Thomas Friedman is overrated in my estimation, but he isn’t a fool: another liberal for regime change:
- Although President Bush has cast the war in Iraq as being about disarmament – and that is legitimate – disarmament is not the most important prize there. Regime change is the prize. Regime transformation in Iraq could make a valuable contribution to the war on terrorism, whether Saddam is ousted or enticed into exile.
Why? Because what really threatens open, Western, liberal societies today is not Saddam and his weapons per se. He is a twisted dictator who is deterrable through conventional means. Because Saddam loves life more than he hates us. What threatens Western societies today are not the deterrables, like Saddam, but the undeterrables – the boys who did 9/11, who hate us more than they love life. It’s these human missiles of mass destruction that could really destroy our open society.
So then the question is: What is the cement mixer that is churning out these undeterrables – these angry, humiliated and often unemployed Muslim youth? That cement mixer is a collection of faltering Arab states, which, as the U.N.’s Arab Human Development Report noted, have fallen so far behind the world their combined G.D.P. does not equal that of Spain. And the reason they have fallen behind can be traced to their lack of three things: freedom, modern education and women’s empowerment.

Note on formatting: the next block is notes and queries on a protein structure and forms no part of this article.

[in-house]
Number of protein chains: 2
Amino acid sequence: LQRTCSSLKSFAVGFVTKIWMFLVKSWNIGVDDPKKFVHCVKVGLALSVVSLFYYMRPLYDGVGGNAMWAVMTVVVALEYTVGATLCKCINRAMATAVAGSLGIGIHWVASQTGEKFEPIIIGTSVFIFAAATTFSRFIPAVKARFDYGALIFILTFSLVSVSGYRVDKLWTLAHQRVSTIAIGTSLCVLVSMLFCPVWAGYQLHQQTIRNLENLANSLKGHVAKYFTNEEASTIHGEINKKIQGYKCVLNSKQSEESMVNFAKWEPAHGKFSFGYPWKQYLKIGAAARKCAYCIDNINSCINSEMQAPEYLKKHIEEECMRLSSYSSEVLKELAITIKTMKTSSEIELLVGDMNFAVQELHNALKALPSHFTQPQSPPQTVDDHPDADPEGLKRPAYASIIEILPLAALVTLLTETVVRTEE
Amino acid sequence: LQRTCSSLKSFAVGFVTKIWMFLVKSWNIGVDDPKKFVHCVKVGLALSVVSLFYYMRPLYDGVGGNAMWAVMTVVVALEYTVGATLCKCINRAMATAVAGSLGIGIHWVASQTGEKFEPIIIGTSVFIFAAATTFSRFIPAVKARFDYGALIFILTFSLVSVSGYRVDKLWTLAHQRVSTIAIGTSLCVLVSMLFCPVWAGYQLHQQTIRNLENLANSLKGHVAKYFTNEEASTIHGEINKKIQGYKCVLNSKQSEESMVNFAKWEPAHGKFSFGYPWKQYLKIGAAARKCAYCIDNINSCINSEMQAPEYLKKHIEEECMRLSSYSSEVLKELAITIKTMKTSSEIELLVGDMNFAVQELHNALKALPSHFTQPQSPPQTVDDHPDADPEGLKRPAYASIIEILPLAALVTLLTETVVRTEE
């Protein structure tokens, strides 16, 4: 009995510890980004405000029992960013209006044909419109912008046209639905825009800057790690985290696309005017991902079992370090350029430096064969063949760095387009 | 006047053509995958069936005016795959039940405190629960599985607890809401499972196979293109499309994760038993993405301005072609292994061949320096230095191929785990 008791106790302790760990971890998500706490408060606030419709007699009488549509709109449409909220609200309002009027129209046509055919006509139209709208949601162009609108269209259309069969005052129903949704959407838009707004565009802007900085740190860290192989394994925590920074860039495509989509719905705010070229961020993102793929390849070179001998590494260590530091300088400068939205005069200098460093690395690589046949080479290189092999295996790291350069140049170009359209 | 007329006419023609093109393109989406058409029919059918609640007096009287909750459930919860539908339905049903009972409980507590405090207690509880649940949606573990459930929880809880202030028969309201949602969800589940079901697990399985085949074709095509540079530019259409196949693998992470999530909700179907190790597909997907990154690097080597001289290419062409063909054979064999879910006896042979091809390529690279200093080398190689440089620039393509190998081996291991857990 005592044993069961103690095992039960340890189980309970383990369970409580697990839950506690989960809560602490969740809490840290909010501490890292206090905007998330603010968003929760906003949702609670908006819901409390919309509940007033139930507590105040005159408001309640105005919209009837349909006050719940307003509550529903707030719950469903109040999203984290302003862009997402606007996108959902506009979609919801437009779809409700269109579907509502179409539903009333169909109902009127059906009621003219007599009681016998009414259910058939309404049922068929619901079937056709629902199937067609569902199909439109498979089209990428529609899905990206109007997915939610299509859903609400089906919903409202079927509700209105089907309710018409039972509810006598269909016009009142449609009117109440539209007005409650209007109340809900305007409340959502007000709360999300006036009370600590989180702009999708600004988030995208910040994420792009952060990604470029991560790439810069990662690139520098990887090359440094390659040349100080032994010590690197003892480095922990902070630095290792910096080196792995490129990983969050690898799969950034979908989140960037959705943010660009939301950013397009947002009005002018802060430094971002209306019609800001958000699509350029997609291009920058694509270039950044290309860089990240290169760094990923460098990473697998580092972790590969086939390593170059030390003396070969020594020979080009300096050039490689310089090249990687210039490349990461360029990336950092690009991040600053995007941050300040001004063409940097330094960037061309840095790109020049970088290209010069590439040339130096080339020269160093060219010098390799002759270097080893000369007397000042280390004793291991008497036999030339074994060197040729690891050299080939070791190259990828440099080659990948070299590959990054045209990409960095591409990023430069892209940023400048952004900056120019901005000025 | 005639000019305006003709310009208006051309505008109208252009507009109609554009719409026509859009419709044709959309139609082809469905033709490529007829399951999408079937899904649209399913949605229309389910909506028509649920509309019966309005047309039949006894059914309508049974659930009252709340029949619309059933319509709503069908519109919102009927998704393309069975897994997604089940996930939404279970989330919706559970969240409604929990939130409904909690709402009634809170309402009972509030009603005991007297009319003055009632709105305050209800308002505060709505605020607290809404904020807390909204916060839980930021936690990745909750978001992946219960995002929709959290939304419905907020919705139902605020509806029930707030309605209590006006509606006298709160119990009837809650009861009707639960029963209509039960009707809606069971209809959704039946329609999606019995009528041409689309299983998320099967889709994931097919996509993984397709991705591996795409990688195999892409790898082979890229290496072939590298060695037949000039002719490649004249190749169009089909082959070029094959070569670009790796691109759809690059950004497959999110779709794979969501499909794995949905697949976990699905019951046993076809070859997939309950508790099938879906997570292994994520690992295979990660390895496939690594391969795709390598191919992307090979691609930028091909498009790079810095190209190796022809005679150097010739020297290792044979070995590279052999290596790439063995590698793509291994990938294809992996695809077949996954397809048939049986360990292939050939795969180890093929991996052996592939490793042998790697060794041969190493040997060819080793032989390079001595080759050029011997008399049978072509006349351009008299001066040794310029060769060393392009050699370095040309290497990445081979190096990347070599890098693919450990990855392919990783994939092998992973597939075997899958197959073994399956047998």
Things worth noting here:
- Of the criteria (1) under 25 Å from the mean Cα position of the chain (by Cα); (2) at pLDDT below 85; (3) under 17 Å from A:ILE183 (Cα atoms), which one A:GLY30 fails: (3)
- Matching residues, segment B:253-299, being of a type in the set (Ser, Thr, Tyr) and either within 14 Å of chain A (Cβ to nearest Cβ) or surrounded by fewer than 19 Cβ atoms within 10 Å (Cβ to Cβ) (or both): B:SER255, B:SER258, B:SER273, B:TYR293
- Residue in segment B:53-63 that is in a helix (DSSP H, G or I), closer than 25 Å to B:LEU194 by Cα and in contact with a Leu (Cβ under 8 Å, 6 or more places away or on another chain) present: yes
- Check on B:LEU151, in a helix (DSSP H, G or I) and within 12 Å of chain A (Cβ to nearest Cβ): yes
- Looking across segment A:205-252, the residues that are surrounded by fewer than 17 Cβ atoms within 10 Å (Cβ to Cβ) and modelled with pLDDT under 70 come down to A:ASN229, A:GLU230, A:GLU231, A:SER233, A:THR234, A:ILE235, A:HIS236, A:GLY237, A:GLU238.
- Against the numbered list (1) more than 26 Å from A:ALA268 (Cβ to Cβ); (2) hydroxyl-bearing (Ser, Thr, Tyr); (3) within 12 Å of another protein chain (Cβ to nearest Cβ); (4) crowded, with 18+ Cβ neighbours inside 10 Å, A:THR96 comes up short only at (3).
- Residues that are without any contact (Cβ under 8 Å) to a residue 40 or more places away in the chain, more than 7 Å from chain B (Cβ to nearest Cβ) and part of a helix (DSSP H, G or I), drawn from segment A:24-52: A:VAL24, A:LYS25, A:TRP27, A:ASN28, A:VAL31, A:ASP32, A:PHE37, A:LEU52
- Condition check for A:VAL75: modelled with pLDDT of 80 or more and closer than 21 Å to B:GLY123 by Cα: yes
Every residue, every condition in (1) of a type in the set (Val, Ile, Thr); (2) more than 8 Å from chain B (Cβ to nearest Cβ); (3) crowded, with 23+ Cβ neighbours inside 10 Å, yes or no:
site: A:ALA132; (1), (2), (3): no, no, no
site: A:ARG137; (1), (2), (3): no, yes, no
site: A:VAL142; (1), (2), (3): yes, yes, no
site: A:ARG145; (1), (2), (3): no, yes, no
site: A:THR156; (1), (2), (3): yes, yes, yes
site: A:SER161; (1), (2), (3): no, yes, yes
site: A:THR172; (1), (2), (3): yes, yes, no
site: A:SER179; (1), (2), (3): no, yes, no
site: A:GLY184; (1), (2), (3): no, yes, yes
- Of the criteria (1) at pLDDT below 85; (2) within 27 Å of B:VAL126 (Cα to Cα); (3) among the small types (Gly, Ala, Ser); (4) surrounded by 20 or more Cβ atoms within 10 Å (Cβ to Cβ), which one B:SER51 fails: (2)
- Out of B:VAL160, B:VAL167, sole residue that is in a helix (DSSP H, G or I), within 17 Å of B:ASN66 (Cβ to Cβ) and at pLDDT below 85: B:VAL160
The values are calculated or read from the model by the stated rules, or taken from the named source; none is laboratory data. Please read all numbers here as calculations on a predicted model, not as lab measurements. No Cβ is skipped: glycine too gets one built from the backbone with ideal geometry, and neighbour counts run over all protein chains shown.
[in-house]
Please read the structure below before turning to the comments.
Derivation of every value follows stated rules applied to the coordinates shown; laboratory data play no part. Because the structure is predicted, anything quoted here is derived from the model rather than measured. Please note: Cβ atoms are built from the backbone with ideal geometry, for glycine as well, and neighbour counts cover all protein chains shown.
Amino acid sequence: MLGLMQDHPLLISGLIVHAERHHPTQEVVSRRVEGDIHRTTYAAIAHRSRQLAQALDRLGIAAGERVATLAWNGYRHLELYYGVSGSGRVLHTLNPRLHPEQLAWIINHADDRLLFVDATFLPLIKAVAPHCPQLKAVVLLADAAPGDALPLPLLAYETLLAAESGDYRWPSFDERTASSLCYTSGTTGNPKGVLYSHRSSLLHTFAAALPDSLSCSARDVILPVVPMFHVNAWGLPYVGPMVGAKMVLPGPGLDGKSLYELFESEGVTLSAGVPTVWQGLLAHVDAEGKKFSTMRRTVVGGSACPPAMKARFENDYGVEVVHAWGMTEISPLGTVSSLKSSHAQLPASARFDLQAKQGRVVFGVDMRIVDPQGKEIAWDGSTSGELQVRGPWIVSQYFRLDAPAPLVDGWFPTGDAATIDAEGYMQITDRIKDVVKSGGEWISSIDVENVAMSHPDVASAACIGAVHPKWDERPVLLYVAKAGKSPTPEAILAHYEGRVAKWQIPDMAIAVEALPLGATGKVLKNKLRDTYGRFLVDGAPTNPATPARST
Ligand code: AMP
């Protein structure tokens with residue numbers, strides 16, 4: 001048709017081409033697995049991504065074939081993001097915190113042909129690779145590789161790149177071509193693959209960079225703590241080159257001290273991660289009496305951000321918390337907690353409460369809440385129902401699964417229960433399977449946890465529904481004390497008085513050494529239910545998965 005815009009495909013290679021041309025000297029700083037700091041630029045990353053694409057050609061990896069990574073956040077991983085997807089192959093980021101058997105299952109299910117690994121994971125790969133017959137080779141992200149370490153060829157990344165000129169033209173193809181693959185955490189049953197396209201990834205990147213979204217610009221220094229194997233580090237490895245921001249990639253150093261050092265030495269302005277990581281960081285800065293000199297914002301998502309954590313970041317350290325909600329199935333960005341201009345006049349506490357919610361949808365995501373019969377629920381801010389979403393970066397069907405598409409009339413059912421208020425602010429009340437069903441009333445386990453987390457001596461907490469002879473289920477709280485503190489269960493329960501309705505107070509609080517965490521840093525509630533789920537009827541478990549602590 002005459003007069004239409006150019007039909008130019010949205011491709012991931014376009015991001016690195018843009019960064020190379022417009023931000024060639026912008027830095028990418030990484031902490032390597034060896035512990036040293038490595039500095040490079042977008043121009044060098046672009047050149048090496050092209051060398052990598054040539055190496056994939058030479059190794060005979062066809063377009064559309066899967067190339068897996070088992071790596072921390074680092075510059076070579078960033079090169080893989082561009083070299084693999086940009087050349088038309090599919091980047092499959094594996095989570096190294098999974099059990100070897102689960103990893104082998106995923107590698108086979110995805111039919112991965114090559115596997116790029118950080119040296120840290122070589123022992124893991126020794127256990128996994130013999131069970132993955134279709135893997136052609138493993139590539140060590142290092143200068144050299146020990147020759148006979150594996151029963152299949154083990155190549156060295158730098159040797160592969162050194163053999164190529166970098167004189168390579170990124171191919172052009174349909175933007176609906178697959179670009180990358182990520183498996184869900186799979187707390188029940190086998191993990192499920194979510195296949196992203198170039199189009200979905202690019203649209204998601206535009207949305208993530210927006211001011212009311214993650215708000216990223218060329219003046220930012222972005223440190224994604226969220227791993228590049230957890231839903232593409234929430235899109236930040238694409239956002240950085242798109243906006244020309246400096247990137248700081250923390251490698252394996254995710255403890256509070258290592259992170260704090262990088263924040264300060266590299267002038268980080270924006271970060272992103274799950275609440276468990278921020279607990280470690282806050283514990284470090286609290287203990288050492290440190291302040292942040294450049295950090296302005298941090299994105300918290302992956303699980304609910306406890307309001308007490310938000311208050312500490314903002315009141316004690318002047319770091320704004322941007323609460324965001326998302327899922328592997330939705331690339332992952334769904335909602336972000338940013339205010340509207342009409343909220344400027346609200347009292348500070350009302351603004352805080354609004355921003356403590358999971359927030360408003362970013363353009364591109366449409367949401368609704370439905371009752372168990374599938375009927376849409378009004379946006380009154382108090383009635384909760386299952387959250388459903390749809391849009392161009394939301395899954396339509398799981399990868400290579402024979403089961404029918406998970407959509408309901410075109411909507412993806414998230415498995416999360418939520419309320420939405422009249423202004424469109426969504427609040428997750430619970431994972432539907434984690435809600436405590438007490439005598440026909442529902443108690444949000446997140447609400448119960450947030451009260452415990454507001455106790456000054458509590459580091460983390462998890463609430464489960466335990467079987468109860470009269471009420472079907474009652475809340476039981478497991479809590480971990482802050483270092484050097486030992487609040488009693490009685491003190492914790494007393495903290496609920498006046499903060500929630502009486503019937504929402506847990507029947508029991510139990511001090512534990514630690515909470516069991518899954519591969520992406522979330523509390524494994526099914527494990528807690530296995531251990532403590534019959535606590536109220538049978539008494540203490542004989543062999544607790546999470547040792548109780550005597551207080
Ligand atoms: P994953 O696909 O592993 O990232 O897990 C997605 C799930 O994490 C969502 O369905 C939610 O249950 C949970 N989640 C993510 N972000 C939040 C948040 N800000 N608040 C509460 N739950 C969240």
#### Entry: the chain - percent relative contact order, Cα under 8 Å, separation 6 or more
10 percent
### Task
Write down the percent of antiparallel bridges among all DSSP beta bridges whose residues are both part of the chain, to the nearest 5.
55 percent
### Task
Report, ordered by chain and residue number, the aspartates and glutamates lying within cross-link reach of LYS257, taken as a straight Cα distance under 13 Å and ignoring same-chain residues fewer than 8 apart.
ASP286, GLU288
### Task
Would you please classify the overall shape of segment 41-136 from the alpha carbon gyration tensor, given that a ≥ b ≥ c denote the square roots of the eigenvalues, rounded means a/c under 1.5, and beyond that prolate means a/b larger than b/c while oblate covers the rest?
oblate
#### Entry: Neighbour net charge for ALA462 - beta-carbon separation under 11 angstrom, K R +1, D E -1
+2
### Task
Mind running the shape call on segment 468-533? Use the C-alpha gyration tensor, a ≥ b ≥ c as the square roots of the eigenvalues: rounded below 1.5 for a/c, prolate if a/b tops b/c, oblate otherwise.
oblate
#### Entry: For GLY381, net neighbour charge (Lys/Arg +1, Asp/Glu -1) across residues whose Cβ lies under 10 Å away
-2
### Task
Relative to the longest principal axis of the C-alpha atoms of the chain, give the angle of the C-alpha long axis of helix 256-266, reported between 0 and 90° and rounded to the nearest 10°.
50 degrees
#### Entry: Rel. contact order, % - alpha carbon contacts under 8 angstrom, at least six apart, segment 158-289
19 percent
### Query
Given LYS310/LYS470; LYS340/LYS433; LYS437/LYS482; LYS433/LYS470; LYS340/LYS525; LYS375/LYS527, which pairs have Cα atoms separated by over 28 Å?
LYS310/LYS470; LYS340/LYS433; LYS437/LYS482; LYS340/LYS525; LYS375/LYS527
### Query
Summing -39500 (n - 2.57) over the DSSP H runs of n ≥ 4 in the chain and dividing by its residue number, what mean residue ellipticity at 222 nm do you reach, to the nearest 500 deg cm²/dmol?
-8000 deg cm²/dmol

If we don’t help transform these Arab states – which are also experiencing population explosions – to create better governance, to build more open and productive economies, to empower their women and to develop responsible media that won’t blame all their ills on others, we will never begin to see the political, educational and religious reformations they need to shrink their output of undeterrables.
….Let me sum up my argument with two of my favorite sayings. The first is by Harvard’s president, Lawrence Summers, who says: “In the history of the world, no one has ever washed a rented car.” It is true of countries as well. Until the Arab peoples are given a real ownership stake in their countries – a real voice in how they are run – they will never wash them, never improve them as they should.